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On Cheating, Remorse and Grief


Infidelity In an affair or suspect your significant other? Share your experiences and concerns here.

Old 17th May 2007, 2:13 PM   #1
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On Cheating, Remorse and Grief

I always enjoy the "Do cheaters feel guilty?" discussions, but I want to dig a little deeper. One of the things that I've found myself reflecting on over the past few weeks is how this plays out over time for the person who has betrayed and not acknowledged the reality of what they have done.

For both personal and professional reasons I've had a fair amount of exposure to aging, death and grieving. Having seen what I've seen, I find myself wondering to what degree basically decent people who cheat, but who don't face and process the feelings at the time, are ultimately "revisited" by unacknowledged guilt, remorse and grief later in life.

I know that many of us infidelity "veterans" have strong opinions about "cheaters," "narcissists" and "psychopaths;" Lucrezia (sp?) Borgia summarized the take-home lessons on this really nicely a few weeks ago. But what interests me is any anecdotal (or even better statistical) information on how this all shakes out over the long haul for people who put it off - not speculation or vengeful wishing, but actual stories or (yeah, right) research findings on what I'll call "postponed recognition of pain caused."

(A caveat: I have a wickedly creative imagination and a deep, red-hot-glowing capacity for spite, so there's no moralizing here about the wish for revenge. But I'm holding that in abeyance for the moment in hopes of new insight and deepened understanding.)

So: Does anyone have any good stories about "non-remorseful cheaters" either "seeing the light" years later, or not? Ex-spouses of course - but also possibly parents, uncles, grand-parents, colleagues, friends?
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Old 17th May 2007, 2:58 PM   #2
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Djaba-

I don't know if this would count, but I was exposed to my mother having an affair when I was 14, when I accidentally saw her kissing OM. I held that secret in for decades and she came out when my brother cheated on his wife of 4 years, which ended in him leaving her for OW, and OW didn't leave her husband. Without going off on that tangent, I can say that when my mother's affair resurfaced, It was like the scab that had scarred over was ripped off and I felt the pain so accutely it was like I was 14 again.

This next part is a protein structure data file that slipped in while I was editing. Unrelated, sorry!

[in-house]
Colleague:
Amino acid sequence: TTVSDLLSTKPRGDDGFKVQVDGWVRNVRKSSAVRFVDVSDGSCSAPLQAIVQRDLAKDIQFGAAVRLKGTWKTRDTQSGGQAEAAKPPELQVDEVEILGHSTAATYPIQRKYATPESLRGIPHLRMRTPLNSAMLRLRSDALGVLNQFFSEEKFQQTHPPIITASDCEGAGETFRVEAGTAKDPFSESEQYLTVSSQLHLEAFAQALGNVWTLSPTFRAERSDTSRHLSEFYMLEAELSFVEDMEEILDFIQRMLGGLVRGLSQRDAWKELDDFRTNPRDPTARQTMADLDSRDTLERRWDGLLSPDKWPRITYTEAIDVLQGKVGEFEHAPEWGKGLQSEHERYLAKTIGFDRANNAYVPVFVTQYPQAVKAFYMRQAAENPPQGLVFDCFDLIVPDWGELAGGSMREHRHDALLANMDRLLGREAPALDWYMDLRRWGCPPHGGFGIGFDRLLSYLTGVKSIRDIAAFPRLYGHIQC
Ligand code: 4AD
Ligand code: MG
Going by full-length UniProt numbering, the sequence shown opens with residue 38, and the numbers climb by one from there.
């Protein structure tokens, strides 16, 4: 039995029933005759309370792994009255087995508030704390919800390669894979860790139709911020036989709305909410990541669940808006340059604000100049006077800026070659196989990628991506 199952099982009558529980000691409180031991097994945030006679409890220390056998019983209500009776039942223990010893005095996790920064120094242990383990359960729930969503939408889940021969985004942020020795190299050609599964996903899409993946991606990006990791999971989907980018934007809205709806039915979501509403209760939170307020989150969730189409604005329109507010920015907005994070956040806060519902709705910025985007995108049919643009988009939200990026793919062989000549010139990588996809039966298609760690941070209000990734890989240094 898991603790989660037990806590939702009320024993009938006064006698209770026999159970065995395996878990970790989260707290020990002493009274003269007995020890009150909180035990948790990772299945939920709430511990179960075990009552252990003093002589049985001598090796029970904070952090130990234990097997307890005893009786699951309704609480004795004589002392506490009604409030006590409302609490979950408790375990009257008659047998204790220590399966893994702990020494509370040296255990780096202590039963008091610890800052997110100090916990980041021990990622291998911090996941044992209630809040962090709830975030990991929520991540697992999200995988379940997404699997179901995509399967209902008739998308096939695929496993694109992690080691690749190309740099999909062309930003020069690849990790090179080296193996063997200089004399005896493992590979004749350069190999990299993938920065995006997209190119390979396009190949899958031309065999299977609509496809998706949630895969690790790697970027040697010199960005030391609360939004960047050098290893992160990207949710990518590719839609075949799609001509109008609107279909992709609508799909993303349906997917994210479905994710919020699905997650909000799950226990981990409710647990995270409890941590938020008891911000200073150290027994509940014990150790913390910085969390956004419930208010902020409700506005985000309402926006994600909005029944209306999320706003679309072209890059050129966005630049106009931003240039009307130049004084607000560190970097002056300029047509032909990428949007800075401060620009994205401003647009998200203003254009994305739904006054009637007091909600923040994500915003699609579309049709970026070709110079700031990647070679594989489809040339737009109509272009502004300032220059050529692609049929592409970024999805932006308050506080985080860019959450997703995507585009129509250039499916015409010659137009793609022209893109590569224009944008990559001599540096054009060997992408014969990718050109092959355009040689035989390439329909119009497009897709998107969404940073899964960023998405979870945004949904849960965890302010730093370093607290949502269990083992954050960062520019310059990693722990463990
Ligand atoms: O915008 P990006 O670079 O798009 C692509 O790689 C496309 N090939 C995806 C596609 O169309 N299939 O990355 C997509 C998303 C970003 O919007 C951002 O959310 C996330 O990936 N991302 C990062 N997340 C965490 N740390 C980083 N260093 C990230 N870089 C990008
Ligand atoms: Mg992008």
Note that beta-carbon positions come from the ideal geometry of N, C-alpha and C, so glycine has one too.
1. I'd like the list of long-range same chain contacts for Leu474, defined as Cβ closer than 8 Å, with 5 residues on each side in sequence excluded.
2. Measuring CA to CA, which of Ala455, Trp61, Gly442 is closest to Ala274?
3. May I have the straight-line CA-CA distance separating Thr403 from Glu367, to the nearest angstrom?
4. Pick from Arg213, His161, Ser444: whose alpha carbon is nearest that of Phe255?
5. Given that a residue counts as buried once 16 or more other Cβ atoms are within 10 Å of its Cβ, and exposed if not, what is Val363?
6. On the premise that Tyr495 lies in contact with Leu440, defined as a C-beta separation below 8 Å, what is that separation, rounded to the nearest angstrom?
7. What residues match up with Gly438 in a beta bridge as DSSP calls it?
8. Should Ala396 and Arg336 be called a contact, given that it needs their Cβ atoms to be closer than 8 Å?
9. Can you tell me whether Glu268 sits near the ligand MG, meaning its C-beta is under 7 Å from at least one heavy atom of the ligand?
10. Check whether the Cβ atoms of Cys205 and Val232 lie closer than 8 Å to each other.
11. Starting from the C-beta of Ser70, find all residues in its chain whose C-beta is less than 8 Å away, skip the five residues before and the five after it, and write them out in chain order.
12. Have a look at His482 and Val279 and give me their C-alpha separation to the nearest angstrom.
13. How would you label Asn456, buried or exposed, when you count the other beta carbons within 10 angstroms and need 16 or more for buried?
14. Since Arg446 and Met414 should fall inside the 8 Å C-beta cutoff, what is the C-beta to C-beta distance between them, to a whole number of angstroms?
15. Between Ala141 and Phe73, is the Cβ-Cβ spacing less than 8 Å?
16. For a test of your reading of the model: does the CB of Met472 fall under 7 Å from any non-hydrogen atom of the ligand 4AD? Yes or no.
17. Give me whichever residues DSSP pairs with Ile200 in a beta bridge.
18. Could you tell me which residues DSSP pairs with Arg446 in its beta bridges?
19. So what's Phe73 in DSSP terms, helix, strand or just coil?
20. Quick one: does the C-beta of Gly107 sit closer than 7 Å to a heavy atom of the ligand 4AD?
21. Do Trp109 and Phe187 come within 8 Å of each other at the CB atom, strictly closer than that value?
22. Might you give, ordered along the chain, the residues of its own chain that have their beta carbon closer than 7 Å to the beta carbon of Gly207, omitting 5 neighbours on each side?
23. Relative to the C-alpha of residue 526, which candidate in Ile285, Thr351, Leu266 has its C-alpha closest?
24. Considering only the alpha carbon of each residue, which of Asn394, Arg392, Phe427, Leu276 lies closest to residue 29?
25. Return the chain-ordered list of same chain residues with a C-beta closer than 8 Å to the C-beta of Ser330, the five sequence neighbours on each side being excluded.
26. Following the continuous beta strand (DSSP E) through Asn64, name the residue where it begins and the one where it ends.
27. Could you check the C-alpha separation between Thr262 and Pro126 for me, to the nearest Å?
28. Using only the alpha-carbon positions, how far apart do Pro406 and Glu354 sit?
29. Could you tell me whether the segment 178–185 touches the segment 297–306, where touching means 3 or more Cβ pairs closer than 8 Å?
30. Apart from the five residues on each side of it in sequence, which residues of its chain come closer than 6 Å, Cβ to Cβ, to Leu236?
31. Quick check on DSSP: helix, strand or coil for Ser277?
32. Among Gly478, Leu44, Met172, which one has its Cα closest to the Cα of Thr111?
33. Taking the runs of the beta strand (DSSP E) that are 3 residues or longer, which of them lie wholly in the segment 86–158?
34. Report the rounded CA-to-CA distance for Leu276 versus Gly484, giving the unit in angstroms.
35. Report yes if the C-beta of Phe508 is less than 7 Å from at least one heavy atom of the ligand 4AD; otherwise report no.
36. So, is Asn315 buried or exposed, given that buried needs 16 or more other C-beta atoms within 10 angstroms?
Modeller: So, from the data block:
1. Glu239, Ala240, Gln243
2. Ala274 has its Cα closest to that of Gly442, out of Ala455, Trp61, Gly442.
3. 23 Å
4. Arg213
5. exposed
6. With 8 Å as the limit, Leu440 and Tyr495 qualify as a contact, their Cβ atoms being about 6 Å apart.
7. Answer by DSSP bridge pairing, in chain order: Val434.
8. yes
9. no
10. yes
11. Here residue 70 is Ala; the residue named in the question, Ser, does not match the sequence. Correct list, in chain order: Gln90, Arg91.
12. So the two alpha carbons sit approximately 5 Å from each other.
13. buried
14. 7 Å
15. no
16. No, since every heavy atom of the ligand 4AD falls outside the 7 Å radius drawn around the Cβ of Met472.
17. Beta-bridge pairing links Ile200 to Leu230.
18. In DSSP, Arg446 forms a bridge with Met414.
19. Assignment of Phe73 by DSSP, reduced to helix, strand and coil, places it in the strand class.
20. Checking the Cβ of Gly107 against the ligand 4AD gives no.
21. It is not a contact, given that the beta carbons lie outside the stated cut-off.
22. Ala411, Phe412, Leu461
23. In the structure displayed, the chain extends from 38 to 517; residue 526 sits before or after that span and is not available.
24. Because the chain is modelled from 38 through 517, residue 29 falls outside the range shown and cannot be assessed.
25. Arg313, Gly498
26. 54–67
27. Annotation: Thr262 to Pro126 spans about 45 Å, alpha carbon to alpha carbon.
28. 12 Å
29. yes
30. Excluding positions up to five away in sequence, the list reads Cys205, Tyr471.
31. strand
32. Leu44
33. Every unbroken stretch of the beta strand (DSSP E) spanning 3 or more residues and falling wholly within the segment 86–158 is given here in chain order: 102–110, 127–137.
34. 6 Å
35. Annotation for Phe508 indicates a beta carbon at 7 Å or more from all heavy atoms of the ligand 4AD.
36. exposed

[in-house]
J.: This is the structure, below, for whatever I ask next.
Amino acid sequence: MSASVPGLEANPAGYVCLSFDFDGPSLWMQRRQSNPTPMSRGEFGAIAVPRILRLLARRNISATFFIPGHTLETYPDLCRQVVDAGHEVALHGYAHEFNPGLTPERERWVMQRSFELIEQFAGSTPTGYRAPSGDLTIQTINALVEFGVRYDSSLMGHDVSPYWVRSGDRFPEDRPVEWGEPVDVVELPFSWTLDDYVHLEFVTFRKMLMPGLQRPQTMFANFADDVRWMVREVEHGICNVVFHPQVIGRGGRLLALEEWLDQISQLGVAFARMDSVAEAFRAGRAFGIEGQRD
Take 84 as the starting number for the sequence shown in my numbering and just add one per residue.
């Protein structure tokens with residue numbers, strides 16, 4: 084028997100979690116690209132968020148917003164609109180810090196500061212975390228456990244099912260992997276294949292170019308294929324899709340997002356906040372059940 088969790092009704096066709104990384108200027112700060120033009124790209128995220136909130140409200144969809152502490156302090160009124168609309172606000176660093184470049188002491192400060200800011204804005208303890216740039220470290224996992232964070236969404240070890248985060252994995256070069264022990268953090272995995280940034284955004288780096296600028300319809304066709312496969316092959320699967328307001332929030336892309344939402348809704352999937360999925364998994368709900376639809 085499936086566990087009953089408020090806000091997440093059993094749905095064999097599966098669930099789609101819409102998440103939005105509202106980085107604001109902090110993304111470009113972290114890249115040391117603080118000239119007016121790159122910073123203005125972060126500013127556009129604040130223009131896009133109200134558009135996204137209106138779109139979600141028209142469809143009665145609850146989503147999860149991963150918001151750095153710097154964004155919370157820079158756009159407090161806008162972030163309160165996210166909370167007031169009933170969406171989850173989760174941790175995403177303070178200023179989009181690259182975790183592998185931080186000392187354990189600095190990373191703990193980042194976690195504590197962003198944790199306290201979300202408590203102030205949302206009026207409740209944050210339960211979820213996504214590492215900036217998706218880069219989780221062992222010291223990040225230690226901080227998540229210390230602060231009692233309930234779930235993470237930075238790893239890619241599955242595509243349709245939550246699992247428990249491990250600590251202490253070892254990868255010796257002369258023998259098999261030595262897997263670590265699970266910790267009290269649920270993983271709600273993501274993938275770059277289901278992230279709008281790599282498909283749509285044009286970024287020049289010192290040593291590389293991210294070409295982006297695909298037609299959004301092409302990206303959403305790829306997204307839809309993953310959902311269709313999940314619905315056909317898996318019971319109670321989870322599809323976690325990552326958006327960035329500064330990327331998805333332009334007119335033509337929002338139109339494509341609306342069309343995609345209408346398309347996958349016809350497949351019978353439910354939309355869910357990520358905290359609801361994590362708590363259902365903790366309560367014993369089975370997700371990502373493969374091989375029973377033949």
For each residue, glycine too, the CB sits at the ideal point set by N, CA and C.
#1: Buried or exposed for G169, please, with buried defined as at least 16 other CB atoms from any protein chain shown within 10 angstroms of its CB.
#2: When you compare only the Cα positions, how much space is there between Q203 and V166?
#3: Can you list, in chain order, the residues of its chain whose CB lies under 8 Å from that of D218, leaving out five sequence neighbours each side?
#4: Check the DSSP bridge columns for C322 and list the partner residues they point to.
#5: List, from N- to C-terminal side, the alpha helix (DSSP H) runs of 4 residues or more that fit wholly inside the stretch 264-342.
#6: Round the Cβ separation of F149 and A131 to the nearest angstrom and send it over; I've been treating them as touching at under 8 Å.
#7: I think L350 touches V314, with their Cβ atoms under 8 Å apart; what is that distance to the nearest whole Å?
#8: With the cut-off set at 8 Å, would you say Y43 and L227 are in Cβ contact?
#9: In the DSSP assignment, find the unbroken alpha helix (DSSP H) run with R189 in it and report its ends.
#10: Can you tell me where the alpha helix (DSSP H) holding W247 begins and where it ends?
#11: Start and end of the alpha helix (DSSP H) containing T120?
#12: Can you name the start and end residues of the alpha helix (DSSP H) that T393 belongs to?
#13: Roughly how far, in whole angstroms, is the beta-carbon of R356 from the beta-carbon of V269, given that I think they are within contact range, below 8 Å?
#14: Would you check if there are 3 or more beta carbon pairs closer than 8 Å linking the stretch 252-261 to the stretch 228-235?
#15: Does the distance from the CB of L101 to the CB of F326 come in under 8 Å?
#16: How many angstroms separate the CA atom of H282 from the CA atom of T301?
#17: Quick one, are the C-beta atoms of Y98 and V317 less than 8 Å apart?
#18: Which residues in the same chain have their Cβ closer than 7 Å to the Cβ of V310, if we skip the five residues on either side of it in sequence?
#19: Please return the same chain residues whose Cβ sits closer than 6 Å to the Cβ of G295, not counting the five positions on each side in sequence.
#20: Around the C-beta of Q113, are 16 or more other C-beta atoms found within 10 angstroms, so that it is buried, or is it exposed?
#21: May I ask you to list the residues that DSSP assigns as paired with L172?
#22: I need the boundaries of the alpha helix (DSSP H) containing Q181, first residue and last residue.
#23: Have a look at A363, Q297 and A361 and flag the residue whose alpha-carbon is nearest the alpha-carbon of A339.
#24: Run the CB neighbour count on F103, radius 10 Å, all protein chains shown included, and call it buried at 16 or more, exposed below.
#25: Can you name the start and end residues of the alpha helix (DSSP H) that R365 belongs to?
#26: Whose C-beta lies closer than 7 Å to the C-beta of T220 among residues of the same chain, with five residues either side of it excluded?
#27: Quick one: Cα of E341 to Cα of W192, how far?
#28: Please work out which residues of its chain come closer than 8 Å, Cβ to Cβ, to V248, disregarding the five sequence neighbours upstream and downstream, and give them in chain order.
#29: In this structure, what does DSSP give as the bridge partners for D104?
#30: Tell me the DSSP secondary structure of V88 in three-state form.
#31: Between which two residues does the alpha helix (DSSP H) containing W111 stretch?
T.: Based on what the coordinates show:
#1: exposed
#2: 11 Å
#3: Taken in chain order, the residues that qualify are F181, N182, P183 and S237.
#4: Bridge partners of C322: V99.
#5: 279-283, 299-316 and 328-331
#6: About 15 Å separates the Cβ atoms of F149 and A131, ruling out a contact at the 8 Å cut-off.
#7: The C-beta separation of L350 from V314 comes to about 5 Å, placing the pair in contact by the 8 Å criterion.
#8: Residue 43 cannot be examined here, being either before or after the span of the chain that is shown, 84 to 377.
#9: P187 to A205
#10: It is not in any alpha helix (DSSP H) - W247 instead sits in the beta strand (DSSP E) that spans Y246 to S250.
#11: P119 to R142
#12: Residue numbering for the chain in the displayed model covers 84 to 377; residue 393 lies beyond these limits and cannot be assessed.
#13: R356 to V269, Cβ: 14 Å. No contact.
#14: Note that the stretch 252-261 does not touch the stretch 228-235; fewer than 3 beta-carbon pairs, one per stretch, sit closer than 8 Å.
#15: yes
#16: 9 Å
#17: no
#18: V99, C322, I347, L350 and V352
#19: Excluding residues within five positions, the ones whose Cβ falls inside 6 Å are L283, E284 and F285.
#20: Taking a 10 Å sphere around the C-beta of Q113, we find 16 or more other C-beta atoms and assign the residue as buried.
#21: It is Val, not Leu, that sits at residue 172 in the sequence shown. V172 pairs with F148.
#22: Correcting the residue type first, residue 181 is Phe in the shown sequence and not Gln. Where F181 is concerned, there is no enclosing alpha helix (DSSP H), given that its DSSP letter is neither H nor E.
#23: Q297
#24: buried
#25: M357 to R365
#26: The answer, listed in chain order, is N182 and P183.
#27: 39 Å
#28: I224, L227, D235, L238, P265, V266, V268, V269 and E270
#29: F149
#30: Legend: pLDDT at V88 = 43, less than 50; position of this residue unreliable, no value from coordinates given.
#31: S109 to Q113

That was almost 10 years ago, and I finally talked it over with my mother recently in light of my discovery of my h's infidelity. I wanted her to at least say she was sorry that I had to carry that pain for so long, something, anything motherly, loving and remorseful. But she glossed over it with "I think that whatever goes on between parents is meant to stay between them and not be a burden to their children". Yes, but the point I was trying to get across to her is that it was not only a 2-decade burden, but major pain and suffering in many other areas of my life b/c of it's effect on me at such a young age.
She didn't seem to get that. She didn't seem remorseful, only defensive that I should even bring it up, which only reaffirms my feelings that she is narcissistic and immature, and I am struggling not to fall in that same camp with my marriage.
She never even discussed it with my father......he never knew or led on that he knew until 20 years after the fact.

that blows
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Old 17th May 2007, 6:45 PM   #3
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This could be long.....

Yup Recoverme, I hear you.

Dad;

My father cheated on my mother the first time when I was 8. Came home to the classic clothes on the lawn scene. I didn't even know what that was about. i had seen in on television but, well, that only happened to other people, right? The second time was when I was in highschool and to say that I was disgusted was a vicious understatement!! He tried to discuss it with me and I told him I wanted no part of it, I was p!ssed to say the least!! It was about 6 years ago when my younger bro and I where sitting at the table with my father after my sis and mom had retired for the night. My father gave my bro and I this CLASSIC piece of wisdom.

"If you are going to cheat, DON'T GET CAUGHT!! It hurts the ones you love." (!?!?!)

Are you serious?? I suggested (pretty forcefully) that you shouldn't cheat in the first place and he would just repeat himself. Lovely. Is he sorry? You be the judge, but Recoverme, you're right, for your mom to say that an affair is just between parents is like saying that a nuclear bomb is just between the presidents of the United states and Japan in 1945. Oh yeah, NOBODY else was involved when those two bombs went off, absolutely!!